Portion control is an important concept when you’re trying to limit calories for weight management or diabetes. But it takes visual practice to master. Go ahead and pour what you think is a ½ cup of cold cereal in a bowl. Then actually measure it. How close were you? You might be surprised.

You don’t need to memorize a food list or carry around measuring cups to get a better handle on serving sizes. Instead, use common visual cues to remind yourself of appropriate serving sizes. Many food portions on a plate match up to everyday objects.

For example, a small baked potato is about the size of a fist and equals one carbohydrate serving. While not all foods perfectly match visual cues, this method can help better judge serving sizes and practice portion control. Most often, weight loss happens as a result of decreased portion sizes, not necessarily choosing different foods.

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Eat your favorite foods, just less.

So, get those measuring cups out and use them at every meal at home for a week or two. This way you’ll know what 1 cup of pasta looks like on a 9 inch plate. This info is crucial, particularly when you need to choose the right portion size quickly.

Fill up your plate with green veggies first and get full on those before eating other food. Keep in mind that restaurants specialize in mega-portions; a 12-ounce steak can contain three to four servings of meat. When ordering a meal, ask the server to only put half the meal on your plate and pack the other half to go. Eat slow which helps with satiety, so then you eat less.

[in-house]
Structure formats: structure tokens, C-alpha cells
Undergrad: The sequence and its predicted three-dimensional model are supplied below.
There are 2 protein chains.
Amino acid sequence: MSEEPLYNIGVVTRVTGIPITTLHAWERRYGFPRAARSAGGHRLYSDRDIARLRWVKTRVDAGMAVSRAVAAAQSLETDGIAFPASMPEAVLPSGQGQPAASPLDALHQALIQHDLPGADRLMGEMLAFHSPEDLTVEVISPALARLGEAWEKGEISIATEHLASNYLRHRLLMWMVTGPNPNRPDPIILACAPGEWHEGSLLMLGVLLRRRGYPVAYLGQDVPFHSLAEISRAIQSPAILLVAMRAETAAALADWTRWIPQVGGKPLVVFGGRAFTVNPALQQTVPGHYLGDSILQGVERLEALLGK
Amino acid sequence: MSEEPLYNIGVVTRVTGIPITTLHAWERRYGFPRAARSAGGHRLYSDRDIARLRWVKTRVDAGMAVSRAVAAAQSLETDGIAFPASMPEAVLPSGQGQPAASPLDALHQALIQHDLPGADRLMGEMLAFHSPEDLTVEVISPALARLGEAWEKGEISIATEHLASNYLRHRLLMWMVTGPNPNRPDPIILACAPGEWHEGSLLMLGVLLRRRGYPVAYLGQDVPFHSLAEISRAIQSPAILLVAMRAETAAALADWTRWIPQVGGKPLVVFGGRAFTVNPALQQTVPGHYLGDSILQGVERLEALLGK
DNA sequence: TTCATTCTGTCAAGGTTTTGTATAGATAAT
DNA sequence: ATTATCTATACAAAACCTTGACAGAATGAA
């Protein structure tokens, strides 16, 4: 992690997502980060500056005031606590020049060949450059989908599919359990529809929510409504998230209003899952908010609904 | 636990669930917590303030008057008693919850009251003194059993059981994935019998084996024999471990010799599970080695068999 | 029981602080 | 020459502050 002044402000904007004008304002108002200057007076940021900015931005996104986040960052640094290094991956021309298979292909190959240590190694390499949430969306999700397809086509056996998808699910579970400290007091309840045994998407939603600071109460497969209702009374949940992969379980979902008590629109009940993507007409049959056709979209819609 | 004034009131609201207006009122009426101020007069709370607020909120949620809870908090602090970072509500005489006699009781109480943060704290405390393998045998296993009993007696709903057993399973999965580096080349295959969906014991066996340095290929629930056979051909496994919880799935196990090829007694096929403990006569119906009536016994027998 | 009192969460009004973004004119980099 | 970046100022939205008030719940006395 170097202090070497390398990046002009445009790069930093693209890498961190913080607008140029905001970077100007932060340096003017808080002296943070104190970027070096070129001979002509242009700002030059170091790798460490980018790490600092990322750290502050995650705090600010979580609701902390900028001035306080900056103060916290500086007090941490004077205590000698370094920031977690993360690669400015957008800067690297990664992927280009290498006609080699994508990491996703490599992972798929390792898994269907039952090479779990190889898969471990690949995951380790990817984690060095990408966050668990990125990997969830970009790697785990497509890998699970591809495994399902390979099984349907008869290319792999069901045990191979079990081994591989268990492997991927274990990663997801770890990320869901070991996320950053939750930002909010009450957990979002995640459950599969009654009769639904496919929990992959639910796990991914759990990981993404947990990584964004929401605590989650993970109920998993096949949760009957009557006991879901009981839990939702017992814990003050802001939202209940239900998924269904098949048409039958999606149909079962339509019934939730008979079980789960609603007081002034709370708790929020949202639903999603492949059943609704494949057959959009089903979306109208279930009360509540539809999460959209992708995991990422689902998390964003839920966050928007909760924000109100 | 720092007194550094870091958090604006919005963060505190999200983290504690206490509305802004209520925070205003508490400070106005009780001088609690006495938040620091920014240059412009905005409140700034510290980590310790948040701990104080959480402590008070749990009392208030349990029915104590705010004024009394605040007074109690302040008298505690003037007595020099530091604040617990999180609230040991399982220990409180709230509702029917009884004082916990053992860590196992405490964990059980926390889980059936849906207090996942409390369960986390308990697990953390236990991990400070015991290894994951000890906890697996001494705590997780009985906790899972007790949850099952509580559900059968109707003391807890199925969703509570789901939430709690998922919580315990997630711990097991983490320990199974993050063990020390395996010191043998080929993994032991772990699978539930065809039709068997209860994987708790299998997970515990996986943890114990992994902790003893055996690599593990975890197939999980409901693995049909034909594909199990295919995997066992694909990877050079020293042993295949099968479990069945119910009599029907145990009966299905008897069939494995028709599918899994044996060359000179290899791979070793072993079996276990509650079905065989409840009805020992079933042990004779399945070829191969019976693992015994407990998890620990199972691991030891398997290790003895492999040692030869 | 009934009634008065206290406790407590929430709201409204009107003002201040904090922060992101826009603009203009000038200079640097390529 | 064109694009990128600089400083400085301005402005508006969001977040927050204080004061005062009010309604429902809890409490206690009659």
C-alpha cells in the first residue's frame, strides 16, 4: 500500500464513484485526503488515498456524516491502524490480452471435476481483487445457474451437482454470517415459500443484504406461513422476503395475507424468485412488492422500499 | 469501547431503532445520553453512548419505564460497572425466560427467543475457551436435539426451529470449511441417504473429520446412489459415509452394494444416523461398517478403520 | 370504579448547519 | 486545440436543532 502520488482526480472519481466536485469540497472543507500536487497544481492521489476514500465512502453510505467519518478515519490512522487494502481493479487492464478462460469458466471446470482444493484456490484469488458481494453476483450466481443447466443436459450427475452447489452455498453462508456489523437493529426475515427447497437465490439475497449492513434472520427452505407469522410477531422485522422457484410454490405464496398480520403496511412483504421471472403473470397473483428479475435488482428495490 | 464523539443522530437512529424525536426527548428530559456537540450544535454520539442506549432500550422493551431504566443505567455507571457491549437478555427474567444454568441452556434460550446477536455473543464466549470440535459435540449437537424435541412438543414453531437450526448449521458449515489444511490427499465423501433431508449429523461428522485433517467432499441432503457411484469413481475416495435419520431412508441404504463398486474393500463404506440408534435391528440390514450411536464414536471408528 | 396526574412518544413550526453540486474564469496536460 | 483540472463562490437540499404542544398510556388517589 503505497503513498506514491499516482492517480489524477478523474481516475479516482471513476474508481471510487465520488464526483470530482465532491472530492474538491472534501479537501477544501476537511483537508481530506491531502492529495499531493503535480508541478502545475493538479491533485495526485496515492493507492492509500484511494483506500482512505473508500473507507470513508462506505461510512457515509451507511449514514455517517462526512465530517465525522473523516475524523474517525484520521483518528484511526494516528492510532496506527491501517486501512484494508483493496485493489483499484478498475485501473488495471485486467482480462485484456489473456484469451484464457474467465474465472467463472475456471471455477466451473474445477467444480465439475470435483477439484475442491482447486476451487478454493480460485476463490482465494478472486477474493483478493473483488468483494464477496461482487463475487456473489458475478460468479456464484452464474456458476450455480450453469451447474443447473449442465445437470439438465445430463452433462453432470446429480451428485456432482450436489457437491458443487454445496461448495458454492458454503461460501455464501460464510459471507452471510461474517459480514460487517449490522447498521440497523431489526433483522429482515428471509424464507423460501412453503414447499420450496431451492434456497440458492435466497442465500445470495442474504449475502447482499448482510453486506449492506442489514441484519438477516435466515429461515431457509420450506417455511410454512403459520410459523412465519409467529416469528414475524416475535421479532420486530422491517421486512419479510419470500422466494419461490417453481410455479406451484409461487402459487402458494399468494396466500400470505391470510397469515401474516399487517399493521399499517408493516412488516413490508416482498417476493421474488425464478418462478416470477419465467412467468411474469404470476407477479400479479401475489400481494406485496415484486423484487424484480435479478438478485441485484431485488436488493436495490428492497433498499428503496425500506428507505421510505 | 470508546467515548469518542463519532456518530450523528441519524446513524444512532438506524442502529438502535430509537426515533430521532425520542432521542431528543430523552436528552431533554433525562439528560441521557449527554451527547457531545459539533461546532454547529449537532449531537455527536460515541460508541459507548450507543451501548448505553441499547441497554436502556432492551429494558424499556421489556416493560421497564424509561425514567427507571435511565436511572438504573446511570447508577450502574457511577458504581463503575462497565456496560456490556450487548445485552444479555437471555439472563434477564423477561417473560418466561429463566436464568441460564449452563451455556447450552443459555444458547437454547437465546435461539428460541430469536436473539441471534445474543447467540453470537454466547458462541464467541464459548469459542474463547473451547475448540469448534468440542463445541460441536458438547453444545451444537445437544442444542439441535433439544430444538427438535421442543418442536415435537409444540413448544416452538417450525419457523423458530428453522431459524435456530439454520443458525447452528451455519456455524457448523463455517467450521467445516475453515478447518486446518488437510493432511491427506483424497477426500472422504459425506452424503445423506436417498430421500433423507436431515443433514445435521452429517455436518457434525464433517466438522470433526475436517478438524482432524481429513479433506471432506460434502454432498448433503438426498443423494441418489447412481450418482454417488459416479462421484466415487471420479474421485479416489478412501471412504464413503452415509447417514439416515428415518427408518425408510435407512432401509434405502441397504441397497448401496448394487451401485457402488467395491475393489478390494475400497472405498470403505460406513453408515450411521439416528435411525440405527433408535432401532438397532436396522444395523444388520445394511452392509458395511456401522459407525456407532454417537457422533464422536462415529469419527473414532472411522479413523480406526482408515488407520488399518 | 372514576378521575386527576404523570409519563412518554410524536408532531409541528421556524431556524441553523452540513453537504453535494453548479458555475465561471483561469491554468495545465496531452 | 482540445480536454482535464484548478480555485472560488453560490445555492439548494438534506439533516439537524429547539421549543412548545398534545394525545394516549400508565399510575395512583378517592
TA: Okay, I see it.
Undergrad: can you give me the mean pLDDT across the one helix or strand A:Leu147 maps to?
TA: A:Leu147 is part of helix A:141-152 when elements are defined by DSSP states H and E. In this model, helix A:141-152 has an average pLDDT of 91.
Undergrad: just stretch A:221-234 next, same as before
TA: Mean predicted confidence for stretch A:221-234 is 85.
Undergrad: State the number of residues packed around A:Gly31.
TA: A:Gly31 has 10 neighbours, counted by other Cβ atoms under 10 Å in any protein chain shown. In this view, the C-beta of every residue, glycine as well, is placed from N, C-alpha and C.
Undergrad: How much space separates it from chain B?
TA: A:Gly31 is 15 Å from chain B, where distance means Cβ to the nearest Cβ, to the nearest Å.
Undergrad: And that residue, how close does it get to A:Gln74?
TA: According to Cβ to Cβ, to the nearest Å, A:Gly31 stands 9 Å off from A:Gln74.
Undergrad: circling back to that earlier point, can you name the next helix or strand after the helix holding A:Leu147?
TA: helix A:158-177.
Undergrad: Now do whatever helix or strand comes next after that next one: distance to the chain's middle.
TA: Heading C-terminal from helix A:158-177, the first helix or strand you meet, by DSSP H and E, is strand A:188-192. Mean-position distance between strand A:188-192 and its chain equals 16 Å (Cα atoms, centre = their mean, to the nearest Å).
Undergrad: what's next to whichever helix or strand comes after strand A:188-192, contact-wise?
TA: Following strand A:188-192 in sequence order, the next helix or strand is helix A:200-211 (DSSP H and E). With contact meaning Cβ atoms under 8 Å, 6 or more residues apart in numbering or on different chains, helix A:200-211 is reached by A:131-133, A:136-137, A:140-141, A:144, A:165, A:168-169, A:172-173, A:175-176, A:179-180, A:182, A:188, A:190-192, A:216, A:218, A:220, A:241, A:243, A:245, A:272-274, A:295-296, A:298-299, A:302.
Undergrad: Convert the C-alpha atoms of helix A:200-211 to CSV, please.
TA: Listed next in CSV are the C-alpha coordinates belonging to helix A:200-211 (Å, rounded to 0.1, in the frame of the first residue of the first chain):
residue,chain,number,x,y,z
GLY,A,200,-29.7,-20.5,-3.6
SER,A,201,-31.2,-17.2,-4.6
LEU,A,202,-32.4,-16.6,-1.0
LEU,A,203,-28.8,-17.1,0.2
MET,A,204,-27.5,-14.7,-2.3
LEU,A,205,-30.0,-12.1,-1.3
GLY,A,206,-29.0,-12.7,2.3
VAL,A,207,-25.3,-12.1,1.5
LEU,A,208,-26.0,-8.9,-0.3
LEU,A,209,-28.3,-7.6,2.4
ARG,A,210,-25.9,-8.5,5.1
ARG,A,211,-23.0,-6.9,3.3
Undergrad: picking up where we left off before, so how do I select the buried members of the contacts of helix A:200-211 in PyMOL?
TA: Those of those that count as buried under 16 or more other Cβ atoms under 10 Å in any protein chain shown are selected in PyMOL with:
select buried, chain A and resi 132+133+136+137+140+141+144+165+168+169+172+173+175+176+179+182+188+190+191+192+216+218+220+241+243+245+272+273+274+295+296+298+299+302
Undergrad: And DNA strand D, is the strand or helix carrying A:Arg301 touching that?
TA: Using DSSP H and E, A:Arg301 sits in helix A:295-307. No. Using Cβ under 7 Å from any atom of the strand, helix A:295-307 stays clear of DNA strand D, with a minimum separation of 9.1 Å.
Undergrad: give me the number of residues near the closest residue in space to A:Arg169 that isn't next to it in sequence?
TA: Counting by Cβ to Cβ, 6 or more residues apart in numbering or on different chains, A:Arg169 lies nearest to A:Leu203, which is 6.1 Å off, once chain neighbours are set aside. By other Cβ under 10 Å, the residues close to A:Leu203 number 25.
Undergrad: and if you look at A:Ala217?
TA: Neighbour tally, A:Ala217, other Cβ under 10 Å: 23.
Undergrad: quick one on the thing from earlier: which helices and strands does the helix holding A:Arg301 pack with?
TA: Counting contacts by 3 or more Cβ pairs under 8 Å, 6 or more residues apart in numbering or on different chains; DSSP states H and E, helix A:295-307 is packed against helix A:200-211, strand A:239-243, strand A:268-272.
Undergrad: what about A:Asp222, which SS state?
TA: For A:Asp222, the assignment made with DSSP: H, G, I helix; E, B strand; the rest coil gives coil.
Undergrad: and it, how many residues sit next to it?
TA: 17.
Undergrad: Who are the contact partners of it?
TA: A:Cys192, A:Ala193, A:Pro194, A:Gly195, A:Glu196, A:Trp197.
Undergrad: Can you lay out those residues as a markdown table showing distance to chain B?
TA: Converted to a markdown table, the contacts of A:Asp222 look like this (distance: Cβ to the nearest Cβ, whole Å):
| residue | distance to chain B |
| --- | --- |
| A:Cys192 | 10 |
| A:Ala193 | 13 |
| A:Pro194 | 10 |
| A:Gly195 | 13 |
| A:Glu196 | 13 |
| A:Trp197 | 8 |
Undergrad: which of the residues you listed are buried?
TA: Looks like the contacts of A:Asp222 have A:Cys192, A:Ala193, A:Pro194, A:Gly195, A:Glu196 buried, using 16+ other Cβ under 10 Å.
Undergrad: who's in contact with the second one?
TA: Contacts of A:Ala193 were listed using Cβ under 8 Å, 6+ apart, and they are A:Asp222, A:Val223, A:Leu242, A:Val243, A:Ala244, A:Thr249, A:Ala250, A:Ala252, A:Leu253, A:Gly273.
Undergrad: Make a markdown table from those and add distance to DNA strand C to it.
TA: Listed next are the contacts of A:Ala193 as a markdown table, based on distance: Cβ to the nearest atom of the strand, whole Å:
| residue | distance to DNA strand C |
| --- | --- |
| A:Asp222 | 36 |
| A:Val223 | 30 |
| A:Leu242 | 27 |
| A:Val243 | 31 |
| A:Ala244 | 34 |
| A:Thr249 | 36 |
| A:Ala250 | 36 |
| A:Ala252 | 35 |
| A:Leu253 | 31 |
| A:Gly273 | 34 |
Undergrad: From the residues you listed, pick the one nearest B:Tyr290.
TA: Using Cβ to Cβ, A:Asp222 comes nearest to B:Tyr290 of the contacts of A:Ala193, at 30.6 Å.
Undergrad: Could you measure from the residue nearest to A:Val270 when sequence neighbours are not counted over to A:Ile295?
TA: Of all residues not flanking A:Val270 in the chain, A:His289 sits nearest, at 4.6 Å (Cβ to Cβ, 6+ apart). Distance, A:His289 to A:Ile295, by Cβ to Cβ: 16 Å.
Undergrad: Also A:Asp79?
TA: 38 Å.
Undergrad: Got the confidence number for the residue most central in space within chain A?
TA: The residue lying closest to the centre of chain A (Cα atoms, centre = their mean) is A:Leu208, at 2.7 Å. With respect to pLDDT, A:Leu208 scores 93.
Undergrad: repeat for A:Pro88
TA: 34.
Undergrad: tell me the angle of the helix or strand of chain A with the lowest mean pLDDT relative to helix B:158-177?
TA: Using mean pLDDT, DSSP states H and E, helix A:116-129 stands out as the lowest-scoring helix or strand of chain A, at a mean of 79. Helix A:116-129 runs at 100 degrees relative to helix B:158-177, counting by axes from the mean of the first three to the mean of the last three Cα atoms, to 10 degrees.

portion sizes for weight loss

Be a label reader. Are you eating the serving size listed for the amount of calories or carbs shown on the Nutrition Facts label? For example, a small bag of pretzels may say that it contains two servings, so if you’re eating the whole bag, you’d have to double the calories, fat, and carbohydrate information per serving to know how much you’re really consuming.

If you really want to keep track of calories, carbs, fats, fruits, vegetables, The Exchange List for Meal Planning is used by dietitians for weight management and/or diabetes. It focuses heavily on portion sizes and getting all of your food groups in, in the recommended levels, 50% carbs, 30% fat, 20% protein.

It may take some practice to become a better judge of serving sizes and portions, especially as you put entire meals together. But the more you practice visualizing the cues, the more control you’ll have over portion sizes. Controlling portion sizes also means controlling calories — and that’s key to achieving your weight-loss goals.

Some good portion size guides:

Fist – 1 cup

Rice, pasta – 200 cal
Fruit – 75 cal
Veggies – 40 cal

Palm – 3 ounces

Meat – 160 cal
Fish – 160 cal
Poultry – 160 cal

Handful – 1 ounce

Nuts – 170 cal
Raisins – 85 cal

2 handfuls – 1 ounce

Chips – 150 cal
Popcorn – 120 cal
Pretzels – 100 cal

Thumb – 1 ounce

Peanut butter – 170 cal
Hard cheese – 100 cal

Thumb tip – 1 ounce

Cooking oil – 40 cal
Mayonnaise, butter – 35 cal
Sugar – 15 cal

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